If you want proof positive that Central Florida's theme parks are over pandemic-era spacing and sanitation standards, just look at photos from the June 10 grand opening of the Jurassic World VelociCoaster at Universal Orlando's Islands of Adventure. I was among the thousands of mostly maskless guests standing shoulder-to-shoulder along the CityWalk lagoon hours before it opened, in a scene not too dissimilar from the packed debuts of popular Harry Potter rides in pre-COVID times. This addictive new airtime machine still dazzles after nearly two dozen dives in the raptor paddock, but the only thing more disorienting than descending from VelociCoaster's signature 155-foot-tall top-hat might be the dizzying speed with which Orlando's major resorts have dropped their social distancing restrictions.
A year ago, I was telling out-of-state family (as well as USA Today) that I felt more comfortable inside a theme park than at my neighborhood grocery store, a statement that I would have stood by until just a few weeks ago. The combination of limited guest capacity, visible ongoing sanitation and vocal enforcement of social distancing made the Magic Kingdom and its kin feel like oases of safety during the days before vaccinations. It might have been mostly "hygiene theater," but some measures (like distanced car parking) genuinely made visiting more pleasant.
Since around Memorial Day, though, it seems that the floodgates have opened and most of the parks' pandemic-era strictures have been washed away in their rush to return to normal operations. Universal Orlando was the first to stop mandating that guests wear face masks, instead offering an unenforced recommendation for vaccinated guests to continue masking indoors, a suggestion heeded by less than 10% of the visitors I've observed. Disney and SeaWorld have since followed suit, although Mickey will still make you mask up on the Monorail. Seeing smiling faces along Main Street U.S.A. again is both heartwarming and alarming to my now-hardwired Pavlovian response to mask-free mouths.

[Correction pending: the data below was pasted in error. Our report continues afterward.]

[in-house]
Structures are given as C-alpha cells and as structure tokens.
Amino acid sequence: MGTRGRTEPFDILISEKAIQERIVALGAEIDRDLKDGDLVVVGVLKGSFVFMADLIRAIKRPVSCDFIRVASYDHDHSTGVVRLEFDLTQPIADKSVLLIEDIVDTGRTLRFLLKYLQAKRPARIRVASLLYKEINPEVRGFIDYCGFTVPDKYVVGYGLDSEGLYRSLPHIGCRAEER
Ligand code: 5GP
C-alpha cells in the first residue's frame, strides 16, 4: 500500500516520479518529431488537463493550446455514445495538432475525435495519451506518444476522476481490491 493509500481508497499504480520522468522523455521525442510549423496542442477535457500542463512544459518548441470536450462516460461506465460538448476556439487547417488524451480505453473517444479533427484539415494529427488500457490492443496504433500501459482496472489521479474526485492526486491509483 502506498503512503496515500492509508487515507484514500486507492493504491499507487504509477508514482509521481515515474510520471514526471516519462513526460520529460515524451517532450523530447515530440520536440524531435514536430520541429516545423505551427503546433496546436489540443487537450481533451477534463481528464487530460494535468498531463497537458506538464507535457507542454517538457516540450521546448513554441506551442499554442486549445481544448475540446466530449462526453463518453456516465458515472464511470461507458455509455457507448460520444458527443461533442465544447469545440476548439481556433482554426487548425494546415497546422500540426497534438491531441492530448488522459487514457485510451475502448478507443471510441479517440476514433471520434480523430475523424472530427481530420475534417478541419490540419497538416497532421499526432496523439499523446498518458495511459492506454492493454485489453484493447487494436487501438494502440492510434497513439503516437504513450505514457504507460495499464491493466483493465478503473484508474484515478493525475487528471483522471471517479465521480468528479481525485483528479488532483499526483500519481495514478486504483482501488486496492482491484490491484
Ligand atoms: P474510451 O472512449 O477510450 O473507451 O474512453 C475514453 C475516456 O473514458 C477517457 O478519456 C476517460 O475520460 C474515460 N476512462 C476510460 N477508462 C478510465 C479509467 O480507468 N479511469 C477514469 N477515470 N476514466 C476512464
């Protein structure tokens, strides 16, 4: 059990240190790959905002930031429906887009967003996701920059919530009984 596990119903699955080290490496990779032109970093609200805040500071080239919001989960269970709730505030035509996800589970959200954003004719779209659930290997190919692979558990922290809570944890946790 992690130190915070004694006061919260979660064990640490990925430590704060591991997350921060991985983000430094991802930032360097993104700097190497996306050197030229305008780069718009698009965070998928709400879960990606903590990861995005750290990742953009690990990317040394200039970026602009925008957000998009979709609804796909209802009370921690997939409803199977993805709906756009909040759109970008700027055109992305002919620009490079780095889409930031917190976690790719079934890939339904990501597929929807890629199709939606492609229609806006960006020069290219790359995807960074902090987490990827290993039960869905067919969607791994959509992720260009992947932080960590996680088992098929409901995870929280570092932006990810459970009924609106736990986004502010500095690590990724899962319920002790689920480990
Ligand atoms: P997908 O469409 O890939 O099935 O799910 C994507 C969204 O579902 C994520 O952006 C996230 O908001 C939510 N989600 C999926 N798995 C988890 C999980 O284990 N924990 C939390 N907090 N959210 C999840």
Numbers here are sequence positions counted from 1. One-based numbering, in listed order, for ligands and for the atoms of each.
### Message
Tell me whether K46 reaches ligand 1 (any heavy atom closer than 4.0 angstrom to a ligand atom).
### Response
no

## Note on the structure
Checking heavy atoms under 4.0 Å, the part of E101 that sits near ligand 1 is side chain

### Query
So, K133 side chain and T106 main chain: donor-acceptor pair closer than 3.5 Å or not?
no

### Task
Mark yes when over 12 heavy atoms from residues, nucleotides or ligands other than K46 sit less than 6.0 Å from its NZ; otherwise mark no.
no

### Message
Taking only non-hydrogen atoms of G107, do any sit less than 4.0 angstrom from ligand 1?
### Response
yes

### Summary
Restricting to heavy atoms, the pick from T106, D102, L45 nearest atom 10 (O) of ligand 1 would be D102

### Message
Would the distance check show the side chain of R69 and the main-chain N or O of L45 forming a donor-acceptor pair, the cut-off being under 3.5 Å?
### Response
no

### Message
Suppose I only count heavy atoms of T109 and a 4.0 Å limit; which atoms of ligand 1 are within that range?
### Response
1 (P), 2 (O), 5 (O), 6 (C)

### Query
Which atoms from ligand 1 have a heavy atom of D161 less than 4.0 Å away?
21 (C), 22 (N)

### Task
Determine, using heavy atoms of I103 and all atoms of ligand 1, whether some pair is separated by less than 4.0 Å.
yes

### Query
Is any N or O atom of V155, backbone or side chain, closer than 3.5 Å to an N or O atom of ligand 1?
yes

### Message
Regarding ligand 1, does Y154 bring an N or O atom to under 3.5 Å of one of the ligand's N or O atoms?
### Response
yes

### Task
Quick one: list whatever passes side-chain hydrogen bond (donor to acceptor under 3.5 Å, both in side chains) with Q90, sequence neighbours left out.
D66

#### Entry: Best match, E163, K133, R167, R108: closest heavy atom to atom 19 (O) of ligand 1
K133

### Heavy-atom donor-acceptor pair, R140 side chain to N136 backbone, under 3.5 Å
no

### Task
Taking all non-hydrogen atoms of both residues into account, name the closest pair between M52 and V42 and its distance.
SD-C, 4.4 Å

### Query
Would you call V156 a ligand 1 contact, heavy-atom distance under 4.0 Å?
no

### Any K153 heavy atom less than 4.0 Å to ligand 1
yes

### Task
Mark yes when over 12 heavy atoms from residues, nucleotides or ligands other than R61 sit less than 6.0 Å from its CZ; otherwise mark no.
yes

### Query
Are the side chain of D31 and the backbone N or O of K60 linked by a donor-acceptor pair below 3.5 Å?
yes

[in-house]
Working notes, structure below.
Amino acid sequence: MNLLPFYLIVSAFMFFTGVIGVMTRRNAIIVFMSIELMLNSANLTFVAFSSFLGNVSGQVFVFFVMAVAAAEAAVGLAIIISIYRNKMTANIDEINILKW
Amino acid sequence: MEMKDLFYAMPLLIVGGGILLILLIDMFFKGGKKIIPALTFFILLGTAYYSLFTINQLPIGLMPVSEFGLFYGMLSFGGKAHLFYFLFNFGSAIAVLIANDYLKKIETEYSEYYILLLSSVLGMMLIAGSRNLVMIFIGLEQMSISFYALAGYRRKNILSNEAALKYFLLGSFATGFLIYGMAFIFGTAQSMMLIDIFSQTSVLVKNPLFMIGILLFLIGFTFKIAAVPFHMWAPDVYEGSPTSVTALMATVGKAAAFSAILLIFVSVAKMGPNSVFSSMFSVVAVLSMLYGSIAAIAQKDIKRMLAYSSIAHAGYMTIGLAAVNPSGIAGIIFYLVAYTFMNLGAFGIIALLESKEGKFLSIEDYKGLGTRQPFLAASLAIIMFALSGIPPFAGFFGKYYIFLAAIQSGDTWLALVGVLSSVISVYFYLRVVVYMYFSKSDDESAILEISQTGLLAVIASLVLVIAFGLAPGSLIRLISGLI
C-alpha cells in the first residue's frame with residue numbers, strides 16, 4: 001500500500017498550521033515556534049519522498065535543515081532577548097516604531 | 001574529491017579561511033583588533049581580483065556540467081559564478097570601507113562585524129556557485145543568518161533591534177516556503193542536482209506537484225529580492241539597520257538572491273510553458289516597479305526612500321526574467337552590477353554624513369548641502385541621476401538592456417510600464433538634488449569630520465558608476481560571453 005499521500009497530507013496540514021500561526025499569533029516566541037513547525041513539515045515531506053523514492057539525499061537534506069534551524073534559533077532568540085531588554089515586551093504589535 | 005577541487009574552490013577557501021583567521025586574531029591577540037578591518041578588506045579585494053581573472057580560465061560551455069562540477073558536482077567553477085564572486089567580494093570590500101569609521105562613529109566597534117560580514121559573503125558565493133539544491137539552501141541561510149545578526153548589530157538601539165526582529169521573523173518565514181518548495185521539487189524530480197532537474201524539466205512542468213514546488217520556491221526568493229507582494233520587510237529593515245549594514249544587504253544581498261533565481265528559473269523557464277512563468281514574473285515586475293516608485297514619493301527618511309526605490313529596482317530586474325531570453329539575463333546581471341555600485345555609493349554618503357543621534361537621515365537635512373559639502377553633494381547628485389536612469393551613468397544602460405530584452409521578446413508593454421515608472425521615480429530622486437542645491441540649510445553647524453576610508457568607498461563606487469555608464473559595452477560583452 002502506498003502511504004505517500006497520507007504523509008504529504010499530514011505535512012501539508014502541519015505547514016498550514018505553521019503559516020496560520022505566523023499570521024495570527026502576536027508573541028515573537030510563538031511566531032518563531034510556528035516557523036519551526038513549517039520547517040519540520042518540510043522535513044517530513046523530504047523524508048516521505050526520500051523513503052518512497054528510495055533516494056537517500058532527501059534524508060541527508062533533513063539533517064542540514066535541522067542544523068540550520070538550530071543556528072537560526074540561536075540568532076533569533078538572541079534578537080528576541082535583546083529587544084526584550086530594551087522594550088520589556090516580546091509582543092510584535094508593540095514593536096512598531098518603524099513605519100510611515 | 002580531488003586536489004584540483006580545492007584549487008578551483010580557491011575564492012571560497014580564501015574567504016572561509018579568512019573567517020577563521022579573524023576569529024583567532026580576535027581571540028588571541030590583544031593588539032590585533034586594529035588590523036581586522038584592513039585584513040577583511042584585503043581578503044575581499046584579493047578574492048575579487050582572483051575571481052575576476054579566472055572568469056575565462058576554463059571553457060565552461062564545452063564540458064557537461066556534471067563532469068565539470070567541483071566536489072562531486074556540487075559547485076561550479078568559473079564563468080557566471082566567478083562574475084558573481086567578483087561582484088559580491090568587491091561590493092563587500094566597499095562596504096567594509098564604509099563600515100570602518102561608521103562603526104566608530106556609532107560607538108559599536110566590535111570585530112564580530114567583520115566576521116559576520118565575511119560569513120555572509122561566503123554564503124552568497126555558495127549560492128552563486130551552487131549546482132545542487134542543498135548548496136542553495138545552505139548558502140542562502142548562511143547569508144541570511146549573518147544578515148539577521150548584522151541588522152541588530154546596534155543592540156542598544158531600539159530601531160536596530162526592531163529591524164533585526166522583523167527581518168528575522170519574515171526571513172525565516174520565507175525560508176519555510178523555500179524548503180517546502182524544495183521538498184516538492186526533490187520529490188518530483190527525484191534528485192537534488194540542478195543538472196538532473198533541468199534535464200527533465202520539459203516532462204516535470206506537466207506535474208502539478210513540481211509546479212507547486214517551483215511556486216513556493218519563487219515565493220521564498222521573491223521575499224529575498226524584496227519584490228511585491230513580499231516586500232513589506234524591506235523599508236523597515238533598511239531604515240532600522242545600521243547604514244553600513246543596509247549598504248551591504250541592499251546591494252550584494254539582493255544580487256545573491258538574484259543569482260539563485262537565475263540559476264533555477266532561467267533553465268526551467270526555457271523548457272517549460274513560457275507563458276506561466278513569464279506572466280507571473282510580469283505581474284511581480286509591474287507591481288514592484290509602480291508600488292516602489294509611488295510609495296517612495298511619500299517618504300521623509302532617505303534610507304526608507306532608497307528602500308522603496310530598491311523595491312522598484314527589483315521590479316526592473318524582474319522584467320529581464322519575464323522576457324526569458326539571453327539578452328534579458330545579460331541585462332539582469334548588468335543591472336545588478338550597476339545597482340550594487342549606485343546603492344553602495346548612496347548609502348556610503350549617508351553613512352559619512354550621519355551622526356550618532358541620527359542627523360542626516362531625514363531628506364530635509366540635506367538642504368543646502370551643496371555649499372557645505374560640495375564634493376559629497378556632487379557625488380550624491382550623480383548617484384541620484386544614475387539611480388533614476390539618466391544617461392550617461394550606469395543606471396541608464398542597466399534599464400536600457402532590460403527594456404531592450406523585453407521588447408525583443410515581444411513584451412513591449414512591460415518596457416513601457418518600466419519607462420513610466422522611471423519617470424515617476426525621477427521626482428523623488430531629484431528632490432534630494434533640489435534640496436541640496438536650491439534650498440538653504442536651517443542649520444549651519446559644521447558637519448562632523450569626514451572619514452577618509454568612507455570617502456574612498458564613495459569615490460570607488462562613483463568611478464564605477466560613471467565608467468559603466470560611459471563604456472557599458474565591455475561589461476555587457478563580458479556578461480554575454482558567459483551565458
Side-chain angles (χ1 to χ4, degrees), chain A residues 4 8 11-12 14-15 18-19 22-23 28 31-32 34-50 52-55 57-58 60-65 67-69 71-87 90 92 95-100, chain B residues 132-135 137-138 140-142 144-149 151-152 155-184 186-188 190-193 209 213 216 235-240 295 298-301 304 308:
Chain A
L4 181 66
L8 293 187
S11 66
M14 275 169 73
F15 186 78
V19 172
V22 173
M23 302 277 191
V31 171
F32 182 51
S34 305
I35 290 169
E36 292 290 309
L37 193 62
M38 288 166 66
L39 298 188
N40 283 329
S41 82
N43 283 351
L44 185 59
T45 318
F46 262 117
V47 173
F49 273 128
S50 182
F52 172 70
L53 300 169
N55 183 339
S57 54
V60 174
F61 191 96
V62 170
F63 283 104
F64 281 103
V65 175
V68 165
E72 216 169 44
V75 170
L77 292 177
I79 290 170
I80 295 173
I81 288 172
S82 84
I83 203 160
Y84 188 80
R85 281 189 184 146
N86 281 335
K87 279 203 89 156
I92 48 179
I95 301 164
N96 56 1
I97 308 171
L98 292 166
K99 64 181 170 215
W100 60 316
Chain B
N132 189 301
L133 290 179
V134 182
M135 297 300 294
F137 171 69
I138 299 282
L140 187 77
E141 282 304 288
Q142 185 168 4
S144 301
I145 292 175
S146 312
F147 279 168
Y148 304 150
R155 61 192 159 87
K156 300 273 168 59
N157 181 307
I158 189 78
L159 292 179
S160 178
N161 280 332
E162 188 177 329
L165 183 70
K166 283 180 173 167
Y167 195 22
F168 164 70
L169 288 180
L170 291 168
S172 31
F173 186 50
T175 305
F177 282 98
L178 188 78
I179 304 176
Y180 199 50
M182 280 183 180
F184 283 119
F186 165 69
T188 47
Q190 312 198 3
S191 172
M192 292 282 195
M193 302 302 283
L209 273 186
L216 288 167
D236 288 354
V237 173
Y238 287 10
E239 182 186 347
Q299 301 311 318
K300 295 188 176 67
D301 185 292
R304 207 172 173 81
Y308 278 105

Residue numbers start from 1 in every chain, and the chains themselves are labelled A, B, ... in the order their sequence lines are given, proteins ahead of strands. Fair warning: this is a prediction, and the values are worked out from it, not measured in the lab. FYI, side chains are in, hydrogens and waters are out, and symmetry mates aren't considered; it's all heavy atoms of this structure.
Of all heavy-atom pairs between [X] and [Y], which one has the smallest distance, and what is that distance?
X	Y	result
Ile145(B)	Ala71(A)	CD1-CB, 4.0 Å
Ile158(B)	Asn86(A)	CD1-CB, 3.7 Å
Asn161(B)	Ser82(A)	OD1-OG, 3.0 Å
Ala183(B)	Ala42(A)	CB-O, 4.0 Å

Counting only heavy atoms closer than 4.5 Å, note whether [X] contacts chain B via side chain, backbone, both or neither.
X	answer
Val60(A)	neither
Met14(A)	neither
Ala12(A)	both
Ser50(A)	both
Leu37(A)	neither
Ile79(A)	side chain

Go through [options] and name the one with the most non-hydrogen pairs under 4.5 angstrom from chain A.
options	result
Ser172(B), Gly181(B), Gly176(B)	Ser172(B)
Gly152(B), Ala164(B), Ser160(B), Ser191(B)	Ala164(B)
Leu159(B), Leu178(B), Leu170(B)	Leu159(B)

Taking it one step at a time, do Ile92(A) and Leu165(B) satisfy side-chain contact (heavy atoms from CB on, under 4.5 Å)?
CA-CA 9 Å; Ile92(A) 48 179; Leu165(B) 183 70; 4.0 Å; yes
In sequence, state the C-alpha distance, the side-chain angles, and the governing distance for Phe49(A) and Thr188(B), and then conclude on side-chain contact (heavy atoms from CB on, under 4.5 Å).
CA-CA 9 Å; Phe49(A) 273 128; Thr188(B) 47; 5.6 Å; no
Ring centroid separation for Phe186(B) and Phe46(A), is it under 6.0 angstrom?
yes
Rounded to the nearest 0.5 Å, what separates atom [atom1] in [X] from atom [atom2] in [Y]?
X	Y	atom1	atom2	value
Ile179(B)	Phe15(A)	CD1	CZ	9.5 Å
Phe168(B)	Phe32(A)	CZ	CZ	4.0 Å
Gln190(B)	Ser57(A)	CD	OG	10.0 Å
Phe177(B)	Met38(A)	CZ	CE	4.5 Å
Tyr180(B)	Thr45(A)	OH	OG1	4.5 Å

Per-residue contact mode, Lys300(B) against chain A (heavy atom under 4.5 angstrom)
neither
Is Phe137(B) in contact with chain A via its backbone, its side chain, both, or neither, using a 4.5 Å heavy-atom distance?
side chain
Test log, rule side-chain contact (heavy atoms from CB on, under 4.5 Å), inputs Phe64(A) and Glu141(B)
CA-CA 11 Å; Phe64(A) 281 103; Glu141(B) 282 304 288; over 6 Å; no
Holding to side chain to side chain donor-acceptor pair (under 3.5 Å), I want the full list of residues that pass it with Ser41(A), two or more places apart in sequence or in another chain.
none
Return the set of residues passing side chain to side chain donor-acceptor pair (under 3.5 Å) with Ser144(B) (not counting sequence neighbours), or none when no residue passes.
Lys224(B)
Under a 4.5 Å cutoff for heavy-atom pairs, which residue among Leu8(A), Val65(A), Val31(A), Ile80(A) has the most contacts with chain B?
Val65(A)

In addition, capacity limits have been raised to 75% or lifted entirely, and the spacing markers that previously kept kids behind you from stomping on your heels every few steps have mostly been stripped away, so more people can be packed into the ever-growing queues. Going directly from last month's Orlando Fringe Festival — where patrons were turned away from "sold-out" shows with 30% of their seats left empty — to once again being instructed to "move all the way down to the end of the row, filling each and every available seat," certainly induced a kind of cognitive whiplash.
On the plus side, the lifting of pandemic precautions also means that ride vehicles can again be fully utilized, while Disney's FastPass+ remains suspended (though rumored to return as a paid service), which means that standby queues are moving more swiftly than ever. Universal has even reopened most of its time-saving single rider entrances, although pre-show presentations are still mostly paused across the parks. In addition, some Disney rides haven't yet adapted their calculations to the newly undistanced queues, so posted wait time signs may underestimate the line's actual length.
Orlando's parks are definitely in an upswing attractions-wise, as long as you don't mind being squeezed in next to strangers; Universal's operations team members should be especially commended for keeping VelociCoaster's opening-day wait well under four hours with consistent dispatches and swift downtime recovery. Unfortunately, the same can't be said about food and beverage service, which may prove to be the resorts' Achilles' heel this summer.
Walt Disney World has been slow to ramp back up its restaurant selection. Several popular venues remain closed, while others are sparking controversy with their reopening. The popular Cape May Café seafood buffet has converted to a family-style meal and cut the crab legs without reducing prices. And 'Ohana had to bring back its noodles after a social media outcry over their elimination, though the revolt didn't restore the 86'ed grilled shrimp, nor prevent reservations from being booked solid within hours of opening.
The situation is even more dire at Universal, where a combination of woeful short-staffing and a fakakta mobile ordering system made it quicker to get a free churro by riding VelociCoaster on opening day (a generous perk playing on Twitter jokes about the ride's secretive development) than it was to buy one from the overwhelmed outdoor vendors. The bottom line is that you may want to sneak a sandwich in with you during your next theme park visit, because whether you want a simple sugared dough stick or a sit-down meal, it's going to cost you more in either time or dough.